What to do in case of a power outage

Blackout Q&A

What is meant by a blackout?

A blackout is a prolonged, large-scale power outage. Exactly what constitutes a blackout is not clearly defined quantitatively in terms of time and space.

They can be caused by technical faults, extreme weather, human error but also terrorist attacks and sabotage. The larger the affected area, the more difficult and tedious it will be to restore power.

Is Österreichs E-Wirtschaft prepared for a possible blackout?

Companies in the Austrian energy industry regularly check the safety of their plants and practice crisis scenarios. Therefore every company has crisis and emergency plans, emergency organisations and specially trained crisis staff.

What effects can a blackout have?

The effects and duration of a blackout can vary considerably and depend on many factors, such as the situation in the European power grid, the season and the nature of the disruption.

  • During a blackout, only facilities with an emergency generator and sufficient fuel supply can continue to operate. But even in these emergency-powered facilities, such as hospitals, there may be supply bottlenecks when stocks are used up, no replenishment can be delivered and emergency generators cannot be refilled.
  • Petrol stations without emergency generators are immediately shut down. Technical information and communication networks are gradually phased out (mobile phones after about 30 minutes, landlines after five to eight hours, internet after eight hours at the latest). In a blackout lasting days, a lack of fuel supply can exacerbate the situation as mobile or emergency powered communication equipment also fails over time.
  • The water supply, except in areas with sufficient self-pressure, is severely affected. Sewage pumps almost everywhere are driven by electric, which can lead to sewage disposal problems.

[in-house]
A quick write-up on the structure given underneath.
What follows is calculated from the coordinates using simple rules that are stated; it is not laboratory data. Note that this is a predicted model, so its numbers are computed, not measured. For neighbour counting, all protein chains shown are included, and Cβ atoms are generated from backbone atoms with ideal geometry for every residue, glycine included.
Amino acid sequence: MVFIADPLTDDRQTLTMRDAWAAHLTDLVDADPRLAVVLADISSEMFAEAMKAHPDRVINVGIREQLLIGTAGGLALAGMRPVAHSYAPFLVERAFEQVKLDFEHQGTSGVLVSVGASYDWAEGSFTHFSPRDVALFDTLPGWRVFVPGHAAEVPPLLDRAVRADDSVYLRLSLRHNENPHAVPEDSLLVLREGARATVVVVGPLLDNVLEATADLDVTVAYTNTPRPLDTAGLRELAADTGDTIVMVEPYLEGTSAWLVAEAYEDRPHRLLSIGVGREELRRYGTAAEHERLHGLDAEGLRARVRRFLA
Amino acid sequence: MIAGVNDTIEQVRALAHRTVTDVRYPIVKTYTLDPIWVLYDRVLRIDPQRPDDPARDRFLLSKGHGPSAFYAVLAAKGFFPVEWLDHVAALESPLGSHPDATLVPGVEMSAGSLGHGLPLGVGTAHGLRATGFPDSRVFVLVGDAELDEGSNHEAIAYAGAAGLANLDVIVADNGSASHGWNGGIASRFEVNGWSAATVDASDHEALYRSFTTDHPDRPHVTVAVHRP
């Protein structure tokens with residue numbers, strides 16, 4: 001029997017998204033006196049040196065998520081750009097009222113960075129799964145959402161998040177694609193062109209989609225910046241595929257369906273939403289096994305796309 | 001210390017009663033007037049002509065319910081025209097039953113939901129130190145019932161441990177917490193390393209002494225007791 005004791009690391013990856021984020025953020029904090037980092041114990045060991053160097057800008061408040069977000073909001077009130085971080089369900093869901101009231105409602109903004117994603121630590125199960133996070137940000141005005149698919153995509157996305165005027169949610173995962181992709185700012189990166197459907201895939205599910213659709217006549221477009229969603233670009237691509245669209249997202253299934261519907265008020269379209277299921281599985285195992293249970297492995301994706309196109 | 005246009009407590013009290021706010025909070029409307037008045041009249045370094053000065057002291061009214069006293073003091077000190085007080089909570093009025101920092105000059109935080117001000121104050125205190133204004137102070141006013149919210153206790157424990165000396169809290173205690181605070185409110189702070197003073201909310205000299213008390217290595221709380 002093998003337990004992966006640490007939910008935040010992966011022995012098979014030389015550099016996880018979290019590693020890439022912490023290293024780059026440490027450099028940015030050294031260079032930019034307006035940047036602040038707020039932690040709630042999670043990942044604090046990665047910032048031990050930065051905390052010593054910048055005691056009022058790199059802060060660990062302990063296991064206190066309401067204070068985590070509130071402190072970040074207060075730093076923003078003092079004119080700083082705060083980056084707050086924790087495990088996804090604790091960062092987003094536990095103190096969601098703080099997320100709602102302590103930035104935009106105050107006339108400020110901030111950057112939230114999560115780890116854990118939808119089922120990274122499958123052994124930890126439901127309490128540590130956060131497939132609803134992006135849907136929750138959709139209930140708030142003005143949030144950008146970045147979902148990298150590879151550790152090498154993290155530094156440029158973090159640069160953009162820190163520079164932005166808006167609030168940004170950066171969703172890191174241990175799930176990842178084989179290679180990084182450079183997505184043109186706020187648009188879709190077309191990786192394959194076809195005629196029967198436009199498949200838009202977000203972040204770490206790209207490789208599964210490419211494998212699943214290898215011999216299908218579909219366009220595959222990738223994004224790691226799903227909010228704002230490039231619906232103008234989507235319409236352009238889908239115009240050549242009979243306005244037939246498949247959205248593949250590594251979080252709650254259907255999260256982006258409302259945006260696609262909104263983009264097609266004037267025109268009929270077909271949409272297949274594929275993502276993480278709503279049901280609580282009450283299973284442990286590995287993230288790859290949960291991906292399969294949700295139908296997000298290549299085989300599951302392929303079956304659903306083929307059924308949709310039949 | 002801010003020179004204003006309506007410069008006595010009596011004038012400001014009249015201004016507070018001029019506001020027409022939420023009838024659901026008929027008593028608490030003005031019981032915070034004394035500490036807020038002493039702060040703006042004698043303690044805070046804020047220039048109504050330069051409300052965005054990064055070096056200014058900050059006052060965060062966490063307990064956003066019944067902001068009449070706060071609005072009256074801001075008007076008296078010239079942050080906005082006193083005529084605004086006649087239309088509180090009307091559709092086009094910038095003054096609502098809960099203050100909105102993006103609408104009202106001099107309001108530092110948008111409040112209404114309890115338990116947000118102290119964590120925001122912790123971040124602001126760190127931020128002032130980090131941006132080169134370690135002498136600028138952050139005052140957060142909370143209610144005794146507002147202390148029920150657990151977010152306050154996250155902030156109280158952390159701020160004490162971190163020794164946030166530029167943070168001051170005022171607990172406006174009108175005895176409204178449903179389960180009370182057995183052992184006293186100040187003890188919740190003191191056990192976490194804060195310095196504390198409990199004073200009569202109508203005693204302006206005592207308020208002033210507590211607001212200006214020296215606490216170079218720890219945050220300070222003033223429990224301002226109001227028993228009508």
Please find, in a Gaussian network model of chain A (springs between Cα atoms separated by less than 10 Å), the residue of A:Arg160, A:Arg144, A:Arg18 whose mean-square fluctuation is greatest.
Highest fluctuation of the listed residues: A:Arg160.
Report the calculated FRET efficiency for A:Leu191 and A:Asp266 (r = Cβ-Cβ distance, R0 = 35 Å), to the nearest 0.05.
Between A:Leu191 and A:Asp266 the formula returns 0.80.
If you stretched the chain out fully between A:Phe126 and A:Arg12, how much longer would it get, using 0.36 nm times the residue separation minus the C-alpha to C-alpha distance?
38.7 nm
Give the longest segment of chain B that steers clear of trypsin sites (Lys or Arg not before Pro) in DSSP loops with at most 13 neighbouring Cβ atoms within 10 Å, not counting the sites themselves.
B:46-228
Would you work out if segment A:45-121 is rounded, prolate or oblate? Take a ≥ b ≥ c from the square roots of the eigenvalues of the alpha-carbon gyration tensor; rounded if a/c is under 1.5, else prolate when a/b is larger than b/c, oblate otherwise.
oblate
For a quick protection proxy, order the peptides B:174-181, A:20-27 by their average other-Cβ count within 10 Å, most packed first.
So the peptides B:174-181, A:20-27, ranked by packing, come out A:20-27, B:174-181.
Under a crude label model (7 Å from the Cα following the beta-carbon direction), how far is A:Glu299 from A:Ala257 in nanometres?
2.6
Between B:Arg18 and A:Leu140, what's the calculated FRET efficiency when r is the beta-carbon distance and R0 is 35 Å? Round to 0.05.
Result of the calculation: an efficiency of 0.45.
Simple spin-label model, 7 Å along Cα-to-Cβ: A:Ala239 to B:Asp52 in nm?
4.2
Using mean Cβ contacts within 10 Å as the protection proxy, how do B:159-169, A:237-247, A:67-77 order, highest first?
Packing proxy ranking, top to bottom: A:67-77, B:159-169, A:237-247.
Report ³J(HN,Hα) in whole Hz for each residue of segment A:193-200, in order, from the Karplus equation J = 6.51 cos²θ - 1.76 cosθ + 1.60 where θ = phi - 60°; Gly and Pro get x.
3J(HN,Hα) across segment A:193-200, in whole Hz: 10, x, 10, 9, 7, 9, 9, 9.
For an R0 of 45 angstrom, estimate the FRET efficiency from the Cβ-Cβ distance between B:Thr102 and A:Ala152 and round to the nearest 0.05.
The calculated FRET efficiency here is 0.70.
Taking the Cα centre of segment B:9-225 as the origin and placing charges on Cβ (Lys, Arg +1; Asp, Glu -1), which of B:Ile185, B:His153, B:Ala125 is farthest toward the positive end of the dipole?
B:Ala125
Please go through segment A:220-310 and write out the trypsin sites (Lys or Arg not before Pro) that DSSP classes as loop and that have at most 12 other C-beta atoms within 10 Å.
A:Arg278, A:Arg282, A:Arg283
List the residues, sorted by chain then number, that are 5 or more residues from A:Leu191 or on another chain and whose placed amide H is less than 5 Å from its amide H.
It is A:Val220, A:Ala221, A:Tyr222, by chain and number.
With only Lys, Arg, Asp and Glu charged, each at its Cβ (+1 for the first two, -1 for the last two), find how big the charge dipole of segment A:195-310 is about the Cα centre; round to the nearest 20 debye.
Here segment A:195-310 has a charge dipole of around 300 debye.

• Due to the failure of traffic control systems, public and private transport in the urban area quickly come to a standstill. Public transport that runs on electricity is immediately cancelled.
  • People need to be rescued from stuck lifts. In a blackout in winter, if necessary, many people would have to be evacuated from ski lifts and gondolas.
  • Factory farming or glasshouses would be massively affected – with long-term consequences.
  • With supply chains disrupted, it would take 24 hours to restore the supply of everyday goods, including food, to normal again, even if power was restored.
What can individuals do?

The prolonged power failure phase can be dealt with relatively easily with little preparation; excluding personal limitations, of course. To manage the crisis it is important to prepare for the situation and stockpile durable goods. Checklists help prepare for a blackout situation and are useful when making decisions in the event of an emergency, which provides a little security.

Could Austria separate itself from the European electricity system and close its borders to foreign electricity?

Austria is part of the European pipeline network and benefits from the grid security and the mutual g assistance of the neighbours. A short-term separation is not physically feasible. Even in the long term, Austria would have to build considerably more power plants of its own in order to be able to maintain the continuity of supply alone.

What does a blackout mean for district heating, water supply, telephone and internet?

All modern infrastructure services require a stable power supply. From heating control systems to supermarket tills. As a result, water, gas and district heating may experience supply disruptions in the event of a prolonged, large-scale power outage.

During a blackout, only facilities with an emergency generator (and sufficient fuel supply) can continue to operate. Petrol stations (without emergency power supply) will cease to operate immediately, technical information and communication networks cease to operate gradually. (mobile phones after about 30 minutes, landlines after about five to eight hours, internet after eight hours at the latest). During blackouts that last for days, the lack of fuel replenishment can exacerbate the situation, as mobile or emergency-powered communication equipment fails over time.

The water supply, except in areas with sufficient self-pressure, is severely affected. Electricity is needed for sewage disposal everywhere too.